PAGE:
Yet some of us have an easier time meeting new people than others, so I wanted to re-post some pointers I threw into a recent article. It was originally meant for daters, but really applies to everyone who wants to meet anyone.
There are three criteria for forming new friendships: proximity; regular, unplanned interactions; and openness/vulnerability.
If you become a regular -- whether at 7pm Monday/Wednesday pickup basketball or Tuesday night karaoke at a certain bar or frequenting a specific coffee shop, becoming a regular will help you satisfy one of the criteria for making new friends.
2. Get involved.
Part of the reason people have fewer friends and meet fewer people than ever now is because our social circle consists of existing friends and their friends. We're not volunteering. We're not going to church. We're not members of community organizations.
Entertainment increasingly takes place inside the home, where people watch Netflix and login to OkCupid.
No wonder we're so darn lonely. No wonder it's "so hard to meet new people."
3. Learn how to be more playful.
Almost everyone I've ever dated is someone I met while playing -- basketball, volleyball, rock climbing, snorkeling, scuba diving, attending a book reading, etc. When we play, we feel more social. We feel energized. And we're activating many of the same neural pathways as the human sexual response does (see also: Why a Terrifying First Date is Better Than a "Nice" One).
Problem is, playfulness isn't a trait -- it's a skill. And most millennials don't really know how to play. But the great thing about skills is that you can learn them! Get started today.
4. Go for walks.
Not only is walking for two minutes for every hour of sitting and/or fifteen minutes after every meal one of the healthiest, best things you can do for your body...
It's also a great way to meet new people -- people in your neighborhood. People who work near you. People you could be friends with or fall in love with.
Love is a numbers game. The more people you meet, the more likely you are to fall in love. And if you spend your fifteen-minute breaks walking around the block instead of scrolling through your newsfeed, who knows what amazing thing could happen?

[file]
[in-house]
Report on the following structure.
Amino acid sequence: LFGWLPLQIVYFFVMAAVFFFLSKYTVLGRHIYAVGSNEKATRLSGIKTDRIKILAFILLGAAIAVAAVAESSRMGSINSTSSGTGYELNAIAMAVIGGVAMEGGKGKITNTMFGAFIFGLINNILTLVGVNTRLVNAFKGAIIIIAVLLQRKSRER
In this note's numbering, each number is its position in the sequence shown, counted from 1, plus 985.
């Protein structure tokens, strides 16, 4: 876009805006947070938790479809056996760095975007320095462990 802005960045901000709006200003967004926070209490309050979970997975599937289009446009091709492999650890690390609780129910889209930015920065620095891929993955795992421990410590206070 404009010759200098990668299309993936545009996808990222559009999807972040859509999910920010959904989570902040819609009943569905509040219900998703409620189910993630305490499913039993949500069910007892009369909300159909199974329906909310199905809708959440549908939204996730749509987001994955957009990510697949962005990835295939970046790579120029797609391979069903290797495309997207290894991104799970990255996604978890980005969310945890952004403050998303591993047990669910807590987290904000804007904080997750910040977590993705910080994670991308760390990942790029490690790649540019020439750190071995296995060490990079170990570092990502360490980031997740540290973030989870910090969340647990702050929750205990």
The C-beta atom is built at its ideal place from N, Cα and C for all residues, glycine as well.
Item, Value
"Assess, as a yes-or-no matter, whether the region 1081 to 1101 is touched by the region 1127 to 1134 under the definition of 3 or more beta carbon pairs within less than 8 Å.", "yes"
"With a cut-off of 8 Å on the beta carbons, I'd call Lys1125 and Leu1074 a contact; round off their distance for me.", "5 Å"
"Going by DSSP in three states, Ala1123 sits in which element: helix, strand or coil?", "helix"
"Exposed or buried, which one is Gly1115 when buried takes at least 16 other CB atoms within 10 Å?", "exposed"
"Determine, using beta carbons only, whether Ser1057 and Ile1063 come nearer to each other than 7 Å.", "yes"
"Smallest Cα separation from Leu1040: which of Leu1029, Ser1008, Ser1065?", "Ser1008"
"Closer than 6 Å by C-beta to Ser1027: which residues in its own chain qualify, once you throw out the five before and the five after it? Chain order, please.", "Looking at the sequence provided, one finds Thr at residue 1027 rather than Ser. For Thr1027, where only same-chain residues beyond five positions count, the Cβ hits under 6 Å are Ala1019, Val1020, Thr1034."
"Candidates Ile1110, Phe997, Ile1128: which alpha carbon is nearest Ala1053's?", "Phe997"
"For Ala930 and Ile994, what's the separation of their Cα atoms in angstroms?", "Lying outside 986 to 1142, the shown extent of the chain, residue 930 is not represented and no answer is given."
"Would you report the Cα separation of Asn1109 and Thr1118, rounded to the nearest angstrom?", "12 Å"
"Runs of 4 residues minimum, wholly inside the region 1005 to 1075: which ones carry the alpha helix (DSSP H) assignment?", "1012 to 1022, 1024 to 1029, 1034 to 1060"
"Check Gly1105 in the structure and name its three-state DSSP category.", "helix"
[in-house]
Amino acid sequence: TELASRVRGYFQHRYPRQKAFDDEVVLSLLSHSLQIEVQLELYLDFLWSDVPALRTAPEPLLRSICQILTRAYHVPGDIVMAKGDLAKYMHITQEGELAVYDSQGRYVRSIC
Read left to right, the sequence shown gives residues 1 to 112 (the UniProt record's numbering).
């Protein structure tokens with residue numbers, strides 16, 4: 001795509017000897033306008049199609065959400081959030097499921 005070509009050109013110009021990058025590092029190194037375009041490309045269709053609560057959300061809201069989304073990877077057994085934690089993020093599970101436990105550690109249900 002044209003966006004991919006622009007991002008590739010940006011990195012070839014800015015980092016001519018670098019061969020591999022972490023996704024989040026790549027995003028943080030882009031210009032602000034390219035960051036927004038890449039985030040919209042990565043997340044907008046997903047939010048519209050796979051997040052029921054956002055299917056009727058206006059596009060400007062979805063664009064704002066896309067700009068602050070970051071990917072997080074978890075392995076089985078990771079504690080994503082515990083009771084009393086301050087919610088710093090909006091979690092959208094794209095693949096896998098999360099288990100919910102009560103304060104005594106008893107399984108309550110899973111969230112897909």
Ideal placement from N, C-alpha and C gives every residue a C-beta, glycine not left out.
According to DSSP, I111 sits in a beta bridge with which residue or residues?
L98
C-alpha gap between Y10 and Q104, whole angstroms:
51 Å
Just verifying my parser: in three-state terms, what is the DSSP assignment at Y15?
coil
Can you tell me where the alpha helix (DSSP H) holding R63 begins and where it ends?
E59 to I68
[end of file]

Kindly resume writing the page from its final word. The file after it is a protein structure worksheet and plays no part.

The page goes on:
5. Break your social media addiction.
We are accustomed to instant arousal. Instant (but passive) entertainment. Be an active participant in your own life. Break the addiction -- either by setting aside time each day to walk, socialize in real life, or something else, OR by downloading a plugin that prevents you from wasting too much of your life online.
You will be happier, healthier and more creative. And you will be more likely to meet new people. Which feed into each other, creating an awesome cycle.
Contrary to what Everyday Feminism would have you think, networking isn't an "entitled white person" thing. It's beneficial to everyone -- especially women and people of color.
This will help you expand your professional opportunities, but it will also help you meet more people. Don't go to networking events to hit on people -- that's a little weird. Just go with an open mind. You never know what can happen.
7. Stop (or cut back on) watching porn.
Not only is porn kind of bad for you (it leads to loneliness, sexual dysfunction, arousal addiction and worse sex) and kind of unethical and coercive (at least, from a human subjects/IRB perspective)...
But it also makes you less likely to meet new people. Why bother going out (which takes energy) and trying to meet new people (and risk rejection), when you could just stay home and jerk it?
If you watch less porn, you'll be more motivated to try to find what you want in life... in life. Instead of online.
8. Improve your charisma.
Charisma isn't an art -- it's a science. The science of truly engaging with people and making them feel great when they're around you. Which will make them want to be around you more.
To get started, I recommend These Specific Behaviors Will Make You More Charismatic, Starting RIGHT Now. If you like it, you should read The Charisma Myth: How Anyone Can Master the Art and Science of Personal Magnetism, by Olivia Fox Cabane.
I hope at least one of these pointers will resonate with you -- now get out there and enjoy your summer!
I leave you with this: